I’m traveling in the Galapagos currently. Hopefully I’m having fun and seeing great birds and other species! In the meantime here’s a little of what I will hopefully be seeing!
The Galapagos’s Natural and Unnatural History: Tiputini Research Station (Amazon)*
*Not a part of the Galapagos, but a special feature
Collectively, we were so overwhelmed and excited by the prospects within the Galapagos we didn’t realize we’d also be traveling to the Amazon.
Like the CDRS, the Tiputini Research Station has a similar goal of promoting conservation through science, education, and ecotourism. Located in the heart of pristine Amazonion forest in Ecuador, the region is one of the world’s most biologically hot spots for insects, birds, plants, you name it. From their website,
We welcome all interested, serious visitors to the Tiputini Biodiversity Station. While we are not involved in typical tourism, we are pleased to have opportunities to receive two primary groups of visitors – scientists and students. Recognizing that today fewer people than ever before have access to wilderness areas and therefore, less overall appreciation of nature, we wish to expose as many individuals as possible to the wonders of Yasuní so that more may understand why it should be protected and maintained.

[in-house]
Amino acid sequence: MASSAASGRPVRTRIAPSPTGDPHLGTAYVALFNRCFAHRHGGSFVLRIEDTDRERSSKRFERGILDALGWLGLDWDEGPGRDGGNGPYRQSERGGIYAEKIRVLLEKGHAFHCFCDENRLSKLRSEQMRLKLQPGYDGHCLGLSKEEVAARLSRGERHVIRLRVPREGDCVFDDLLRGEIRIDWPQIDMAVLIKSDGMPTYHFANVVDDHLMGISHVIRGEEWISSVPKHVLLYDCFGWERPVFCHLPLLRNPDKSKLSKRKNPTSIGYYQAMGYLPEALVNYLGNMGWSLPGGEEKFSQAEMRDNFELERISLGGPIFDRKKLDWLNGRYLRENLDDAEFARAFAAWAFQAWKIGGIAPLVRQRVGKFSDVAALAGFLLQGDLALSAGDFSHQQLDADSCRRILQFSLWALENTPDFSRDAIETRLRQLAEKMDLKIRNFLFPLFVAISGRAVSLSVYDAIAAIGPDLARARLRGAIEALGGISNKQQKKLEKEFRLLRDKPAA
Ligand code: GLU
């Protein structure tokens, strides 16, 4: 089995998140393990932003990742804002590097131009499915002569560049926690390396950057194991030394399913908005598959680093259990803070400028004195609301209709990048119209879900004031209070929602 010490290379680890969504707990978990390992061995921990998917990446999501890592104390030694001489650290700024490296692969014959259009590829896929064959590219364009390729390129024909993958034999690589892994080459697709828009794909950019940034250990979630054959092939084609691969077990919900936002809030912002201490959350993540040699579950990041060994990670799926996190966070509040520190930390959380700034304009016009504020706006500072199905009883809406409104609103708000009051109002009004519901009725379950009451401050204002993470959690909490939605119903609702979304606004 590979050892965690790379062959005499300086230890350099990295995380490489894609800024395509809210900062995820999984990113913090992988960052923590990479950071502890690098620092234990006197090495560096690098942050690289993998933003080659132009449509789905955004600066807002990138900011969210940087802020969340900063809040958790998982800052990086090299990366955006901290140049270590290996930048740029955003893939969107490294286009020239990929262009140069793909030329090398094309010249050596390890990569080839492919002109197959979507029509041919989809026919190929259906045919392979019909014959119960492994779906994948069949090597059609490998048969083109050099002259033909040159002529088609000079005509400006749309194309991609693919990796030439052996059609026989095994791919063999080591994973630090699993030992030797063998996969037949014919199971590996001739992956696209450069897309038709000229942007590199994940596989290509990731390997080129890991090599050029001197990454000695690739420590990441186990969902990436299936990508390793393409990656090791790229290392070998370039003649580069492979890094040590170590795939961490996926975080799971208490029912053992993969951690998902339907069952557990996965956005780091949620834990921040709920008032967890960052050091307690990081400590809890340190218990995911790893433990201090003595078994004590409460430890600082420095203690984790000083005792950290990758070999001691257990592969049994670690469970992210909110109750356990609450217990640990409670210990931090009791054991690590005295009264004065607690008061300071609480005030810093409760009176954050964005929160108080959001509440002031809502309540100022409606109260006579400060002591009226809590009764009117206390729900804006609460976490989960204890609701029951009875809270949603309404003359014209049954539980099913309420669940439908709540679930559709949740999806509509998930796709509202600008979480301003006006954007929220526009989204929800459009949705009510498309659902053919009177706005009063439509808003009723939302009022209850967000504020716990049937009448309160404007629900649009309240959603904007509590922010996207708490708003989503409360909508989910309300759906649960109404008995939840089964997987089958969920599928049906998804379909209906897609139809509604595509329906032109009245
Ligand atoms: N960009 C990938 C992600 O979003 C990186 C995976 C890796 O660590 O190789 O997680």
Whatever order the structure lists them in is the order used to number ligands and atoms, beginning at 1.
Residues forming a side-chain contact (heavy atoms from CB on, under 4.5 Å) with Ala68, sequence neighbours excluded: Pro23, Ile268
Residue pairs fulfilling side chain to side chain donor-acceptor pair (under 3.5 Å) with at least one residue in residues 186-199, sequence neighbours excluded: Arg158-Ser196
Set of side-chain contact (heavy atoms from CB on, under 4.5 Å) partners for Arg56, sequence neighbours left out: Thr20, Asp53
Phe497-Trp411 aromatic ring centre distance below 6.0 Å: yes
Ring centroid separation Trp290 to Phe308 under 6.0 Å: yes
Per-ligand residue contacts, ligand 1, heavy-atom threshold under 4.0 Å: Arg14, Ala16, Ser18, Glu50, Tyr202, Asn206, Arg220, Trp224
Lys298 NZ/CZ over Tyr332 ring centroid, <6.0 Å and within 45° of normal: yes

– Tiputini, Universidad San Fransisco de Quito
The Huaorani are the indigenous people whose land the station resides on. One of the travel reads I’ll be bringing with me is Savages, a work detailing the lives and history of this people.
I’ve done extensive preparation for what we might encounter in each region we’re traveling to and Tiputini is no different. I’ve generated lists, from ebird data for what can be seen in each location during the month of January and I didn’t leave Tiputini off the list. To tell the truth, my heart did quiver a bit when I saw how long the list was compared to those for the Galapagos. 254 species some species with which I am already familiar: Black-and-white Warbler, Great Kiskadee, Black Vulture, etc., others whose families are at least familar: Motmots, Macaws, Oropendolas, Woodpecker, Hawk, Wren and Woodcreeper; then those who are entirely new: Antpittas, Antwrens, and Antbirds (yes, there are more Ant variations), Tapaculo, Foliage-gleaners, Becards, and Manakins. Oh my! And yes, they have owls.